Dan Coleman looks at one of the oldest houses in North Charleston not as a crumbling eyesore that should be bulldozed but as a structure that needs to be protected.
"It's an architectural gem," the past president of Olde North Charleston Neighborhood Council said of the vacant Alamo Street house built in 1910. "As it is now, there is nothing to protect that house from being torn down."
The house is among more than 125 structures that could soon be protected in the city's first historic district.
After two years of talks, the proposed Olde North Charleston Historic District and an adjacent Neighborhood Conservation District seek not only to preserve existing structures but also to secure the character of the neighborhood by not allowing new development that is out of scale or of a different nature from the existing buildings.
The proposal took root after developers built new, three-story houses on Buist Avenue where a mobile home lot once stood. Many Olde North Charleston residents felt the $350,000 houses were out of character with the rest of the neighborhood.
"People became aware of the changes and what they can do to the historic fabric of that neighborhood," said City Councilman Kurt Taylor, who not only represents the district but lives there as well.
"The ordinance does not dictate what color you can paint your house, but before someone can tear down or significantly change a structure, you have to look at the standards," Taylor said.
The proposed historic district, just south of the business district on East Montague Avenue, extends from Virginia Avenue to North Charleston High School, which is not included. It also includes the area from the alley behind the business district on the south side of East Montague to Buist avenues.
Of the 103 lots in the historic area, 86 are developed and 78 were built before 1956. Homes are considered historic if they were more than 50 years old as of 2006.
The proposed conservation district lies south and west of the historic district. It includes the area between O'Hear, Bexley, Oakwood, Jenkins and Crawford avenues. It has 129 lots. Fifty-two structures were built before 1956, and 44 lots are vacant.
Structures listed on an inventory of historic buildings must receive design review before certain changes can be made. No review is required for general maintenance and repairs that do not change the appearance of a structure or site. No review is required either for exterior alterations not visible from a public right of way, house painting or staining, landscaping, interior work, window screens except on the front porch, flat concrete work for driveways and walkways, rear yard fences, exterior lighting fixtures, window grilles and demolition of structures not listed.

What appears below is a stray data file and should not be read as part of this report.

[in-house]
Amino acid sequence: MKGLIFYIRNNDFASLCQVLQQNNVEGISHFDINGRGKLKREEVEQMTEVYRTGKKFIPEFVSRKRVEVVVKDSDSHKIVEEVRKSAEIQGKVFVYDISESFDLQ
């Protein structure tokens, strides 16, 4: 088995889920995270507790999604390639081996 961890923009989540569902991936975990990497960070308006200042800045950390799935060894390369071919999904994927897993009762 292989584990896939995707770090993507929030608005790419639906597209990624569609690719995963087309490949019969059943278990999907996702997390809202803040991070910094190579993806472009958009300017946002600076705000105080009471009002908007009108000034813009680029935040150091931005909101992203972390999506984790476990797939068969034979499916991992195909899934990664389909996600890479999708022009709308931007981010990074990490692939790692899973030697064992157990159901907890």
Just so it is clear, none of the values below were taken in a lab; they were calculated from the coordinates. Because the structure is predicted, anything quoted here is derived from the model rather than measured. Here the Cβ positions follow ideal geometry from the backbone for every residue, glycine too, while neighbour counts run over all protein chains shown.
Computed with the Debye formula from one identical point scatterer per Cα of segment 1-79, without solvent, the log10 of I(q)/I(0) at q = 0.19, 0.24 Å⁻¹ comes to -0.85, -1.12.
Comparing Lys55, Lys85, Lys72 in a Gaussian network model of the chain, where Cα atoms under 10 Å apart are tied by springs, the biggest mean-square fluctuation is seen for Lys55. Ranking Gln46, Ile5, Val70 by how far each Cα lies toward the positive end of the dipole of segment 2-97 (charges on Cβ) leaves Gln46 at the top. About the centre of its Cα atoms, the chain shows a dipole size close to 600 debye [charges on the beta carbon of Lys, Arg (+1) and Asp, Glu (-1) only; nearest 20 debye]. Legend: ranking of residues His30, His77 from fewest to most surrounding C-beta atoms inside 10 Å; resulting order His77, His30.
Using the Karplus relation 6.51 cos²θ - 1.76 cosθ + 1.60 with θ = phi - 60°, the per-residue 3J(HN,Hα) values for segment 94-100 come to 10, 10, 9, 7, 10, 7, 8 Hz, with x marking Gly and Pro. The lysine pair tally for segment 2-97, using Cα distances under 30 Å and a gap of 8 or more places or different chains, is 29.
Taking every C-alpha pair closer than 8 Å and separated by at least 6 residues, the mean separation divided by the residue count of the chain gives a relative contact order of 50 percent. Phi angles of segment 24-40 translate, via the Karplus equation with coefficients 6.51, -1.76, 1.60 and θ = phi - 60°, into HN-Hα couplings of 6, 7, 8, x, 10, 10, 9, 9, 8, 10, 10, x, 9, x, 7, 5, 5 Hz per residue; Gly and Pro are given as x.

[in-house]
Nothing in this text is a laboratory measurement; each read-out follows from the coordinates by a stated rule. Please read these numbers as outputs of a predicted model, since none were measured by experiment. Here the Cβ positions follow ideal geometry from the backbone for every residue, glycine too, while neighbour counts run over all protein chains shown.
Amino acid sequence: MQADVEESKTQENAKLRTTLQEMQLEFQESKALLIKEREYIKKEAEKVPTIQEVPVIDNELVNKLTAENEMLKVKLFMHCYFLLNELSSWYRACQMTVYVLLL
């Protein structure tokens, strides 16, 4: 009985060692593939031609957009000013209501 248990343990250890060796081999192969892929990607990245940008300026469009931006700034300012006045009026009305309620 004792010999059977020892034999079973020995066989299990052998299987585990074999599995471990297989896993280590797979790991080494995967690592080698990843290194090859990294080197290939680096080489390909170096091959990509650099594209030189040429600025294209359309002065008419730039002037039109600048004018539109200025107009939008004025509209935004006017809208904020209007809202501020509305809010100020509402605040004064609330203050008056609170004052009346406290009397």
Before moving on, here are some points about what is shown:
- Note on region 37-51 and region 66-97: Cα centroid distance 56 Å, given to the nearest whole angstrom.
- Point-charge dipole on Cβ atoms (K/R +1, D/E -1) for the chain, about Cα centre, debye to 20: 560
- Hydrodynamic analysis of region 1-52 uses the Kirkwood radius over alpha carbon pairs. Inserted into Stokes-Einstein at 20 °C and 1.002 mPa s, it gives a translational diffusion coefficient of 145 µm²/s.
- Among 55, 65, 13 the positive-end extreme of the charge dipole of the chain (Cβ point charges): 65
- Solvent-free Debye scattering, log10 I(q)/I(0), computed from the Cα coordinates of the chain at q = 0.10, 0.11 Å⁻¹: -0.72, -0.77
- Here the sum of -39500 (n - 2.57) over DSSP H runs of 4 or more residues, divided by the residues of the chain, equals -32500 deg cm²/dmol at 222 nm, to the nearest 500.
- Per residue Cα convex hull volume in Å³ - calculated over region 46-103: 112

The proposal also regulates setbacks, floor area ratios, lot sizes, coverage of a lot, parking, driveways, garages, roof pitches, skylights, visible rafters, roofing materials, house height, building materials, additions, fences and new lighting.
Standards for homes listed in the historic district are stricter than those in the conservation district. For instance, Coleman said if someone wanted to redesign a front porch in the conservation district, it could be done without being reviewed beforehand. Changes to the same house in the historic district would require prior approval, he said.
John Pharis, an architect who lives in Park Circle near the proposed historic district, said it will be an asset to the city.
"It offers a fair and equitable way for the residents of Olde North Charleston to protect their property," he said.
Coleman doesn't think the level of protection will stop with Olde North Charleston once the district is set up after being approved by the community and City Council early next year.
"We envision it being picked up in other neighborhoods," he said.